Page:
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On the scale of human tragedies in this part of the world, this one hardly registers.  Three people lost their lives when the driver of a semi smashed into three cars in the Burnley tunnel on Friday morning.  Two of the victims were young, one was a champion cyclist.  The third man to lose his life was in his early fifties.  He was from Essendon.

Imagining the prospect of perishing is difficult enough, but dying in a fiery crash in a dark tunnel ranks near the top of my list of fatality fears.  I have been through that tunnel several times.  On one occasion, when I forgot to bring along the address of our dinner engagement and didn’t realize it until the last minute, I managed to drive through that tunnel under the Yarra River three times within one hour.

Burnley is over three kilometers long.  It connects two major freeways east and west.  It carries 150,00 cars a day.  And trucks.  Don’t forget the trucks.  The conflagration that trapped Olympic cyclist Damian McDonald last Friday morning was triggered when a truck driver was forced to pull his semi into the left-hand lane because of a blown tire.  Three cars and two trucks collided when traffic tried to merge around the stopped semi.

There are no breakdown lanes or bays in the tunnel.  As the flames and smoke billowed out, drivers abandoned their cars and fled on foot. The closing of the tunnel created traffic chaos.  Hands are being wrung;  experts are being quoted in the local paper suggesting that the speed limits are too high and that the tunnel should have a breakdown lane.

I was surprised to see drivers changing lanes within the tunnel.  Try that in New York City and you get shot.   Burnley is supposed to reopen tomorrow, and a spokeswoman for the tunnel’s owner assures us it will be safe.  Nothing has changed.  How is that possible?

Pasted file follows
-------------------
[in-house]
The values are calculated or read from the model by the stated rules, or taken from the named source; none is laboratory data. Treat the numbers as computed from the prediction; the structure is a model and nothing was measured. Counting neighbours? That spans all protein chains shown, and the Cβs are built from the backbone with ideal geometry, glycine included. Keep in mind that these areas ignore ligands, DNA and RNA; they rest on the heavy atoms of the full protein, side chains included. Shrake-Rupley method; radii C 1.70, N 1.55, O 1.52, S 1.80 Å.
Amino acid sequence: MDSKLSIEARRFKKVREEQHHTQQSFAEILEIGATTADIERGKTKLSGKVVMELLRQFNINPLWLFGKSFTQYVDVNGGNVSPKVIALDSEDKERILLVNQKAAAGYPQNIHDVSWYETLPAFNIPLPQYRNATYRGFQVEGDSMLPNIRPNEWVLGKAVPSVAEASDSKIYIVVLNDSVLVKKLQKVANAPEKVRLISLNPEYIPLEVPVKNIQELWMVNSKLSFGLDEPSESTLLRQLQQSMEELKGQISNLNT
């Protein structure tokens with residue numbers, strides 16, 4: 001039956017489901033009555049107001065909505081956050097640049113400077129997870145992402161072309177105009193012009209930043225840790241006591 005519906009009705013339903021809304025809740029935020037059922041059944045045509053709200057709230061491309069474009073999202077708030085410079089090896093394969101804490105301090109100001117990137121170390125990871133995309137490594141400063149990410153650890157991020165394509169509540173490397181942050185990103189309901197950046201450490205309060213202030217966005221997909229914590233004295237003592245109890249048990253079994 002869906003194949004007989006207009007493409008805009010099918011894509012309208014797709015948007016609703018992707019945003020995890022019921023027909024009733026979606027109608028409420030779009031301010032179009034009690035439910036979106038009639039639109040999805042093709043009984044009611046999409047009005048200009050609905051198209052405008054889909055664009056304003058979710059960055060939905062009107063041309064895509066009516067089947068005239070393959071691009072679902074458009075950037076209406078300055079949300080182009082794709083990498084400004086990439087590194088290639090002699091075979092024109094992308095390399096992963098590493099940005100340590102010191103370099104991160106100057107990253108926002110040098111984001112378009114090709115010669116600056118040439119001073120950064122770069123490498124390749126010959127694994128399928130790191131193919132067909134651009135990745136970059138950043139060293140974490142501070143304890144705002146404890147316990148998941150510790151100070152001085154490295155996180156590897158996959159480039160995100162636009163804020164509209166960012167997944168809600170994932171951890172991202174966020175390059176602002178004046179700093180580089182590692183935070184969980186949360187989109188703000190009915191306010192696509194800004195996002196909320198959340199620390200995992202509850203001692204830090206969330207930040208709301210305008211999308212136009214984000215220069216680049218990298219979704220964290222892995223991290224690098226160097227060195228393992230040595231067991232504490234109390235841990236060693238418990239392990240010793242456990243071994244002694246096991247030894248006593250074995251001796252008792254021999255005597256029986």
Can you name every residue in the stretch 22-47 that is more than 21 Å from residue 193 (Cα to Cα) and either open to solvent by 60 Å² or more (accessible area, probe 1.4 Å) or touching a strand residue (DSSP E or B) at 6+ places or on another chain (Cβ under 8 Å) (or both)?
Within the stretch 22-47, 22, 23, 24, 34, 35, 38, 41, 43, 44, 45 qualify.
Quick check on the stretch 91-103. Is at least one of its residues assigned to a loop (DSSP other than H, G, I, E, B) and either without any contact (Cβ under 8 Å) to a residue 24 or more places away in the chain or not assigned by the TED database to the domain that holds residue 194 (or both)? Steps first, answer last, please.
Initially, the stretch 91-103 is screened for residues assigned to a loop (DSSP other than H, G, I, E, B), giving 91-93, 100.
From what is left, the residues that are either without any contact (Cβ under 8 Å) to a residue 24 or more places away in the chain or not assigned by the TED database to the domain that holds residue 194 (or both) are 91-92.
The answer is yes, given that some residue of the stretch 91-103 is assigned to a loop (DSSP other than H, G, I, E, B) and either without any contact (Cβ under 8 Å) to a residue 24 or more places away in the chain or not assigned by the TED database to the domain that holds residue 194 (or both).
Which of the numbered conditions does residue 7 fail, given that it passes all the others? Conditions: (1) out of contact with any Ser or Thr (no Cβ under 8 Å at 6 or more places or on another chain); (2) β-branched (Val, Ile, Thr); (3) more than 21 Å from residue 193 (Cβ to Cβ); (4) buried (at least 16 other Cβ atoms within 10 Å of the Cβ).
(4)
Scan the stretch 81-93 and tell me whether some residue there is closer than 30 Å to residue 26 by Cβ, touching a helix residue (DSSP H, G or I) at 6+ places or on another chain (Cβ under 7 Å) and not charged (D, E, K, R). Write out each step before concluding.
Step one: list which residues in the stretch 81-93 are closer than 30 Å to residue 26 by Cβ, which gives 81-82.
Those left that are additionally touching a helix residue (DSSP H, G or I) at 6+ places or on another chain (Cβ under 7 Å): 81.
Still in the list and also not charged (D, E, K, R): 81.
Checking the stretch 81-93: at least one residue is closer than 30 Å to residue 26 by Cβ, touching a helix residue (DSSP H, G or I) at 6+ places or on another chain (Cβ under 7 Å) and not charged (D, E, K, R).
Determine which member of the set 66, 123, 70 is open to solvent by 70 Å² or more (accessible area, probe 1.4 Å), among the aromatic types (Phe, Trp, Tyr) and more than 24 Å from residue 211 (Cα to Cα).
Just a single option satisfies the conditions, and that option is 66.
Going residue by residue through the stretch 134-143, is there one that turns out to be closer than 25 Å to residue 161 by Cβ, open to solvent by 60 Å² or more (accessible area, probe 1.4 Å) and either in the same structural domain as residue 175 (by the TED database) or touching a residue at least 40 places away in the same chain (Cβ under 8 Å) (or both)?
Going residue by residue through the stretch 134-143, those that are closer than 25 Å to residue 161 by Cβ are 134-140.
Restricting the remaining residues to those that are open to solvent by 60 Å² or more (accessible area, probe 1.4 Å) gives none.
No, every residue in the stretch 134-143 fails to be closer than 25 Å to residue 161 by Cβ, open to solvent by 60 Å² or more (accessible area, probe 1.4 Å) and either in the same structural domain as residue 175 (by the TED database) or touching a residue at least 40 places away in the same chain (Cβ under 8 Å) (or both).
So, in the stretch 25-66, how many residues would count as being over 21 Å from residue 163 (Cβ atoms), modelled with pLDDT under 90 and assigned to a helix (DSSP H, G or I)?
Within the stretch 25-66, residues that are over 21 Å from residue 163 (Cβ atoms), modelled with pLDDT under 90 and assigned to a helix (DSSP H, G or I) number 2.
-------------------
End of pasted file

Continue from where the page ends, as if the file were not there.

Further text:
I worry about that phrase. It probably stems from memories of my first days in California, when we discovered to our dismay that the nephew of the landlord was actually living in the garage behind the modest bungalow we had rented in Pacific Palisades. He was a surfer, and he seemed to embody a contradictory stance. He was what I would call an aggressive slacker. His favorite phrase was “no problem.” What it meant was: it’s not my problem.
The night before we were to move into our current abode here in Melbourne, my wife and I arranged to meet the rental agent for a walk through. We discovered that the power had not been switched on. I believed that would make it impossible to get the garage door up, which would make difficulties for the movers.  The agent was under the impression that I had taken care of the matter, while I believed that she was handling it. It was my first Australian encounter with the mentality I associate with our surfer in Los Angeles. No worries. Not my problem.

There is a good interpretation of the phrase and I suspect that most Australians use it that way. Meaning, I’ll take care of it. It is not your problem. I stayed up late the other night and caught a wonderful movie called “Mr. Reliable.” It came out ten years ago and is called “My Entire Life” in the US. It is based on an incident that happened in a suburb of Sydney during a heat wave in December, 1968.

Wally Mellish, (recently released from prison) is living with his girlfriend and her baby in a shack in what looks to be an industrial suburb, Glenfield. Beryl suggests that the place (which is almost empty) could use some ornamentation. Wally heads to the junkyard and steals some Jaguar ornaments. This, of course, leads to a visit from the local cops, and Wally getting angry when one of them kicks a hole in his door. He lets off a blast with a sawed-off shotgun and this leads to the biggest hostage crisis in Australian history.

Unlike “Dog Day Afternoon,” the story is played for humor and pathos. Wally is not a psycho. During most of the crisis, he keeps one step ahead of the police and behaves better than most of them. There is a lot of care taken with establishing the time and place and the group psychology that ends up playing such a big role in the drama. What struck me was how very Australian it felt. One of the reporters keeps saying, in fact, that in any other country they just would have blown him away. There was no doubt in my mind that he would not have survived in the United States. Maybe Canada.

Wally embodies the “No worries” character. He is worried, of course.  He is not an idiot.  But he reassures Beryl that despite being surrounded by a SWAT team, with no escape possible, everything is going to be all right. He will take care of it. And he does.

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